The Mango Seller


The Mango Seller – as told by Balbir Mathur, Trees for Life

In the fall of 1982 I was invited to an Africa-America conference hosted by the government of Zimbabwe.

The top echelon of African ambassadors and politicians were at the conference, along with their entourage. The American delegation included members of the state department, high-level politicians and businessmen.

This was my first trip to Africa. When I landed in Harare, the capital of Zimbabwe, it represented all of Africa to me. I was eager to explore “Africa,” so I hired a taxi and requested a tour of the city.

“What would you like to see?” the driver inquired.

“Show me everything,” I said.

The driver took me to the best parts of the city, where the rich and powerful lived. After an hour or so, I asked him to show me where the poor lived. He turned around in disbelief and said that was not a good idea. I could understand his reasoning. Racial tensions in Zimbabwe were very high, and this was not a good time for a foreigner to be cruising around all by himself. But I persisted.

The slum was not far away. It was obvious the taxi driver was not going to take me inside the slum, but I was grateful that I could at least view it from the outskirts. Small shacks with tin or thatched roofs—symbol of poverty and slums throughout the world—were scattered all around. This was Sunday afternoon, and people were sitting in groups under shady trees or leisurely walking about.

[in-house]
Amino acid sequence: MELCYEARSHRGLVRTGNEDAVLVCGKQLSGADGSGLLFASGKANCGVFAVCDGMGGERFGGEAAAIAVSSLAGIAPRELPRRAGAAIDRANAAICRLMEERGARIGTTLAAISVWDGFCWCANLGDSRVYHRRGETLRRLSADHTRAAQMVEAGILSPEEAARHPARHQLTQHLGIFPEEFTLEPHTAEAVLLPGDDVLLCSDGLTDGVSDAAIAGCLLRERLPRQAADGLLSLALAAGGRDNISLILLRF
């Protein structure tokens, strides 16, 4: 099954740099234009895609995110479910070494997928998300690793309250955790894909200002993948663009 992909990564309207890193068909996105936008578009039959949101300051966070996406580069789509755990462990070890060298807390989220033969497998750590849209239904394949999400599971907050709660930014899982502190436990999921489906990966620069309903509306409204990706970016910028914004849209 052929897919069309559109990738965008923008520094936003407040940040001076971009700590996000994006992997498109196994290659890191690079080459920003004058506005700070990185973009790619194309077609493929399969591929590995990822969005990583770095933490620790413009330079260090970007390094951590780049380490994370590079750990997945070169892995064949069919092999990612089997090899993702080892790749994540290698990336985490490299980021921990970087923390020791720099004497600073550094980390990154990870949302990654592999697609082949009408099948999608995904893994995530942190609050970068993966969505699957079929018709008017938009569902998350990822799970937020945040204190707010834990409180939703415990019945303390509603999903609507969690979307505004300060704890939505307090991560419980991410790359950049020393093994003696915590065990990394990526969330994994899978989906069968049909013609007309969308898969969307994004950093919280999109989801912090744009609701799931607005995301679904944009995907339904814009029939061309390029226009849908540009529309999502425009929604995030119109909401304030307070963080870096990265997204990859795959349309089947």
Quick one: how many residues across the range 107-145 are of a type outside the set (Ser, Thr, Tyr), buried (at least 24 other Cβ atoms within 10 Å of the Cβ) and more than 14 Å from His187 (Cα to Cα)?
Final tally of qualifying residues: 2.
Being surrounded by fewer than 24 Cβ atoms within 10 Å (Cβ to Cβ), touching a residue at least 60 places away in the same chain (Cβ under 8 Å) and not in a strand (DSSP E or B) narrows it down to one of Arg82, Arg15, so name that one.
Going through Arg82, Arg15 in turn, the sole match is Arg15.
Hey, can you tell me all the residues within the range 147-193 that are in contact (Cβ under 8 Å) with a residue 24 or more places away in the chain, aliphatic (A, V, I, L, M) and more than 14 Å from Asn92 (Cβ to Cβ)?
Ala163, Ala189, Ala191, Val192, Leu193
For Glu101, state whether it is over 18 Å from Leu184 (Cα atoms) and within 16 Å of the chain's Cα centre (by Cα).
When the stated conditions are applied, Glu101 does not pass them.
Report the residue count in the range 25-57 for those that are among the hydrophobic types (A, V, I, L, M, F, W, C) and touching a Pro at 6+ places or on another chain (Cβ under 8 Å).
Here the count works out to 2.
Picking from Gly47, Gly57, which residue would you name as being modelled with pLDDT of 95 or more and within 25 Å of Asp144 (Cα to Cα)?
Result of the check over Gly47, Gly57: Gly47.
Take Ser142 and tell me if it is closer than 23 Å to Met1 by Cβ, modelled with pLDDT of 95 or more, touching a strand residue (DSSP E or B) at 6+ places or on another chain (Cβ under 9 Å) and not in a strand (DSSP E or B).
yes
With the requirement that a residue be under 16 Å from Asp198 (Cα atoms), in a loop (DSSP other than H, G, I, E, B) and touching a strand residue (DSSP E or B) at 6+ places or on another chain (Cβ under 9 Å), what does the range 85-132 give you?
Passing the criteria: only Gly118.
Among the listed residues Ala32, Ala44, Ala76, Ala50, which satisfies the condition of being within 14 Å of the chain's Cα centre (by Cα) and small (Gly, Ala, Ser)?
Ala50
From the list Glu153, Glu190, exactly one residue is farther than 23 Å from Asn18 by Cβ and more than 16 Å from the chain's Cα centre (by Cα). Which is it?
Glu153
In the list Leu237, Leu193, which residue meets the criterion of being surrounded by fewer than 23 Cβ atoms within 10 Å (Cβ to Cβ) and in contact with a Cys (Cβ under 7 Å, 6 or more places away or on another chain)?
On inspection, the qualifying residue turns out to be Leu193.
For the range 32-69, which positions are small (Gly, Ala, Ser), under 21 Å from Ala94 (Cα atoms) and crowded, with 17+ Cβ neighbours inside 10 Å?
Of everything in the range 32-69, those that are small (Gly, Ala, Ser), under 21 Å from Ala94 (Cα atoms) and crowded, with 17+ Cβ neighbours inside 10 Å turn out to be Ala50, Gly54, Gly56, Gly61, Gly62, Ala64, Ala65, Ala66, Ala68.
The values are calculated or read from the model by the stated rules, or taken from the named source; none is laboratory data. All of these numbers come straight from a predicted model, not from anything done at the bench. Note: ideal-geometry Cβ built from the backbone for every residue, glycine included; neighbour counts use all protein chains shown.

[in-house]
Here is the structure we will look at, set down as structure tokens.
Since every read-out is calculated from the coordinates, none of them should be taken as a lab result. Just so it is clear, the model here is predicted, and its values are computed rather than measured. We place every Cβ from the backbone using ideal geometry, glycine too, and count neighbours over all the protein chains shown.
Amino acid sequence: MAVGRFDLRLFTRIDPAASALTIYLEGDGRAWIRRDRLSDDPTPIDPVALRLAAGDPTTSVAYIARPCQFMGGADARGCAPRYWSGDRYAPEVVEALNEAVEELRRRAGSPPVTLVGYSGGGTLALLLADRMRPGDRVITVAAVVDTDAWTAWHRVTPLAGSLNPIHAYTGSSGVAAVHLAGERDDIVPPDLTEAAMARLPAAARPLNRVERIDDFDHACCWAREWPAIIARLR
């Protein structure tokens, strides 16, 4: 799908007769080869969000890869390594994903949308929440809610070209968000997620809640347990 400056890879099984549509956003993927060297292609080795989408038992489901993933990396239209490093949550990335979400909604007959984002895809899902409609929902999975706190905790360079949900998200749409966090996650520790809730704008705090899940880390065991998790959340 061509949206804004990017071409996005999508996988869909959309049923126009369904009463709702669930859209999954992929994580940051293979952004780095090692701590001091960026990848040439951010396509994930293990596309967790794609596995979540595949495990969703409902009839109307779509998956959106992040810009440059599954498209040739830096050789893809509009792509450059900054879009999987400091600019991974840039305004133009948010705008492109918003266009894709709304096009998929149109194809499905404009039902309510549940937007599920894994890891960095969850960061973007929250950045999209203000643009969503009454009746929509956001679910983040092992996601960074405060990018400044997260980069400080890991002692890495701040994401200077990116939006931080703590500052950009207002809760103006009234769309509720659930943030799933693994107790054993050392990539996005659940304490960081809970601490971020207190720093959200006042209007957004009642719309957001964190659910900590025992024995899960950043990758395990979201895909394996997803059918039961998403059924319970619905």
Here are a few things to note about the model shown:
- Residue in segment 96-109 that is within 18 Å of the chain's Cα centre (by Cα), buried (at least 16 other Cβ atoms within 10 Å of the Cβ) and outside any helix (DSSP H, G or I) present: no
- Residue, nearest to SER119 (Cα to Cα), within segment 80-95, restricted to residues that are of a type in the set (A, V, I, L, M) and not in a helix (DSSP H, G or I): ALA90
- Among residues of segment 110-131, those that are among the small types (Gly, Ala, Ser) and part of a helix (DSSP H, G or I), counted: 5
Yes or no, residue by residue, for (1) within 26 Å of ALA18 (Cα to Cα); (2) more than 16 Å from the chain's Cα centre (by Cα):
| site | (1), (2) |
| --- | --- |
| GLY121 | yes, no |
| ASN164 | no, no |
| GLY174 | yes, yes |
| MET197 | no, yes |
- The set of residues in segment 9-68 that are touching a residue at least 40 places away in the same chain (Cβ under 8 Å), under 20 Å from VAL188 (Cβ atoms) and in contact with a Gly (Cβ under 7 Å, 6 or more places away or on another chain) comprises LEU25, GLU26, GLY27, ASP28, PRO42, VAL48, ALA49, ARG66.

The scene was a stark contrast to the rich areas I had just visited. There I had seen large, impressive British bungalows with manicured lawns and luxury cars in the driveways. There had been practically no people on the streets.

Here, in the midst of poverty, there were people outside mingling with one another.

As we drove along a bumpy dirt road, I saw a woman selling mangoes. I expressed a desire to stop and buy some of this fruit. Again, the taxi driver told me it was not a good idea. He even offered to deliver mangoes to my hotel. But again I persisted.

Reluctantly, he parked on the side of the road. I got out and walked across a patch of bare earth to the mango seller, about ten yards away. Dressed in traditional clothing, she sat on the ground beneath a tree, with a couple dozen mangoes scattered in front of her—a common sight in most developing countries.

By this time, the sight of a foreigner getting out of a taxi and walking toward the mango seller had attracted attention. Several bystanders crossed their arms and eyed me with suspicion, as if to say, “Who do you think you are?”

I threw a glance at the taxi driver. I could see nervousness on his face…….

The rest of the story is a chapter in the new book Hope for Africa and is available from

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